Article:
JET interior (Credit: UKAEA)UK Atomic Energy Authority (UKAEA) has signed a multimillion-pound framework agreement to aid development of fusion energy.

UKAEA said it will be able to call on the expertise of world-leading engineering firms after signing a four-year-long Engineering Design Services Framework with nine companies. The framework will  be vital in the mission to develop commercial fusion power, while also helping to grow the UK economy by ensuring industry are fully involved, UKAEA said.

The arrangement means UKAEA can call upon experts as and when needed to undertake a range of projects. There is also the opportunity for providers to work together on initiatives costing more than £100,000 ($125,748).

Paula Barham head of procurement at UKAEA said: “This framework brings exciting opportunities for UKAEA; to work collaboratively with the Supply Chain and maximise the potential value within those relationships.”

The collaboration features companies with a background in some, or all of, the following: mechanical engineering, process engineering, computer-based modelling and simulations, minor structural engineering for design, specialist nuclear services, and electrical, control and instrumentation (EC&I).

One example of how the arrangement could work is the delivery of a feasibility study – or concept design – for the Spherical Tokamak for Energy Production (STEP), a UKAEA programme to design and build the world’s first compact fusion reactor by 2040. The companies which are part of the framework are: Assystem, DBD, Rolls-Royce, Jacobs, Frazer Nash, Atkins, IDOM, Mott MacDonald, and M5tec.

Company reaction

Christian Jeanneau, senior vice president of Nuclear at Assystem said: “Assystem remains committed to the global progress and development of nuclear fusion and we are delighted to be collaborating with leading research centres of China and the UK on their experiments, where we aim to add value by combining nuclear expertise with digital and data tools to provide enhanced engineering services.”

Frazer-Nash’s said it will be delivering expertise in four technical areas: process engineering; computer-based modelling and simulation; EC&I; and specialist nuclear services.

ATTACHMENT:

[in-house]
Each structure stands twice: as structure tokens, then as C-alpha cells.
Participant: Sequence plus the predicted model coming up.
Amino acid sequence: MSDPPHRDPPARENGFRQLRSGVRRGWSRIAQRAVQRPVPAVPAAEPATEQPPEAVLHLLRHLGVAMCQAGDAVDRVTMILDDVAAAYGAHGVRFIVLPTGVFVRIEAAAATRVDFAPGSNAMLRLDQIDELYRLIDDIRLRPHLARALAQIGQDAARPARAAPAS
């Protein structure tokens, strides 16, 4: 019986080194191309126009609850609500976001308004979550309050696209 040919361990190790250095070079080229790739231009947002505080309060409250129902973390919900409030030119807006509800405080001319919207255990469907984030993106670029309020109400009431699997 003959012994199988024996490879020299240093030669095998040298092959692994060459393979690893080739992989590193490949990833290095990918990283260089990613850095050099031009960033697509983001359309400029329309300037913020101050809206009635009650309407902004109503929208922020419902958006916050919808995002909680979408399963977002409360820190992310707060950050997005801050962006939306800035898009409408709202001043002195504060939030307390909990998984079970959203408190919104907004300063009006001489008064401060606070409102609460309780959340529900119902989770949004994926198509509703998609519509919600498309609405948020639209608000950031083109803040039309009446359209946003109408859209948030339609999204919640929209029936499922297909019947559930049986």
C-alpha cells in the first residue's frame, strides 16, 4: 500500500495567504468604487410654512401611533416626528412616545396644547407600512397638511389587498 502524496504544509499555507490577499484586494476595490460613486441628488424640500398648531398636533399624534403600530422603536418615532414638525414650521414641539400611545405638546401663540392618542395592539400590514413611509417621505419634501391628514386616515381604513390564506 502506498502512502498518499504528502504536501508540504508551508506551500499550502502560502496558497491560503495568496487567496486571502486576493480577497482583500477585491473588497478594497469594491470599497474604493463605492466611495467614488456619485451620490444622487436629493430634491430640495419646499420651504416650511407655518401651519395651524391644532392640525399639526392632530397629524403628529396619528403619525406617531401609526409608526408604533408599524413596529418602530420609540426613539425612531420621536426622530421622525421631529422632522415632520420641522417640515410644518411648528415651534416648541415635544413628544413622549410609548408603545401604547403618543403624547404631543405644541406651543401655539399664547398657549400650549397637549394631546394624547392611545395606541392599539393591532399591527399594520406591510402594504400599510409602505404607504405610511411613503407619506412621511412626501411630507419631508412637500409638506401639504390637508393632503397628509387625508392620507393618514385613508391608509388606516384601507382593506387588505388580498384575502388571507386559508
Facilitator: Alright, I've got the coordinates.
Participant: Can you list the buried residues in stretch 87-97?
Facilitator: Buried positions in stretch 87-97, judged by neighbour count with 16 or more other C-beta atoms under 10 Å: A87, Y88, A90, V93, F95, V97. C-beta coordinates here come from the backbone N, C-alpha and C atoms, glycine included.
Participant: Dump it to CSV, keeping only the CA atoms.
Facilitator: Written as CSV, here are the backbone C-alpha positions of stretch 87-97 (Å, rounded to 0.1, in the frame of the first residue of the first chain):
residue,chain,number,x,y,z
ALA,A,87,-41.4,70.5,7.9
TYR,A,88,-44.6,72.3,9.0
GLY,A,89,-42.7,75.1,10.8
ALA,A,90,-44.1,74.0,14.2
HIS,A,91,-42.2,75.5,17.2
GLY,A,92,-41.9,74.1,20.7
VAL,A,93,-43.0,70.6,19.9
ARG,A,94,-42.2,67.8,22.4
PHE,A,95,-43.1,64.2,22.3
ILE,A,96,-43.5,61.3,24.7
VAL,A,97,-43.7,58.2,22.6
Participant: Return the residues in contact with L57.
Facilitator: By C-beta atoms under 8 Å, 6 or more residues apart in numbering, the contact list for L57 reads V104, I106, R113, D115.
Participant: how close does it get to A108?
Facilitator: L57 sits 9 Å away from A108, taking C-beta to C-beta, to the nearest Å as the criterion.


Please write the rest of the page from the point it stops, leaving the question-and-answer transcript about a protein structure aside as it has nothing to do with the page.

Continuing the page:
The company's fusion business manager, Steven Lawler, said:

“This framework gives us the opportunity to provide not only our expertise and capabilities, but also our renowned cross-sector agility, to help UKAEA deliver on its nationally strategic programme.

“As a part of our approach, we developed a collaborative model that draws upon a broad spectrum of organisations across the supply chain. We are looking forward to working with ABS Consulting, Clarkebond UK Limited, Framatome, Galson Scientific, James Fisher Nuclear Limited, NIS Limited, NW Total Limited, PDL Group Limited, SDS and TUV NORD – as a collaborative group, we’re providing a robust and compelling solution that will help the UKAEA with its engineering design challenges."

In a statement Chris Tierney, executive vice president, Rolls-Royce described the award as an exciting opportunity to help deliver a key part of the planet’s long-term low carbon power supply.

“We have 60 years of experience pioneering fission-based power, including small modular reactors, as well as systems and components for the nuclear industry.  We feel a very strong connection to UKAEA’s purpose and mission and will be bringing Rolls-Royce’s combined experience in innovation and product development, as well as nuclear know-how, to help deliver UKAEA’s programme goals,” Tierney said.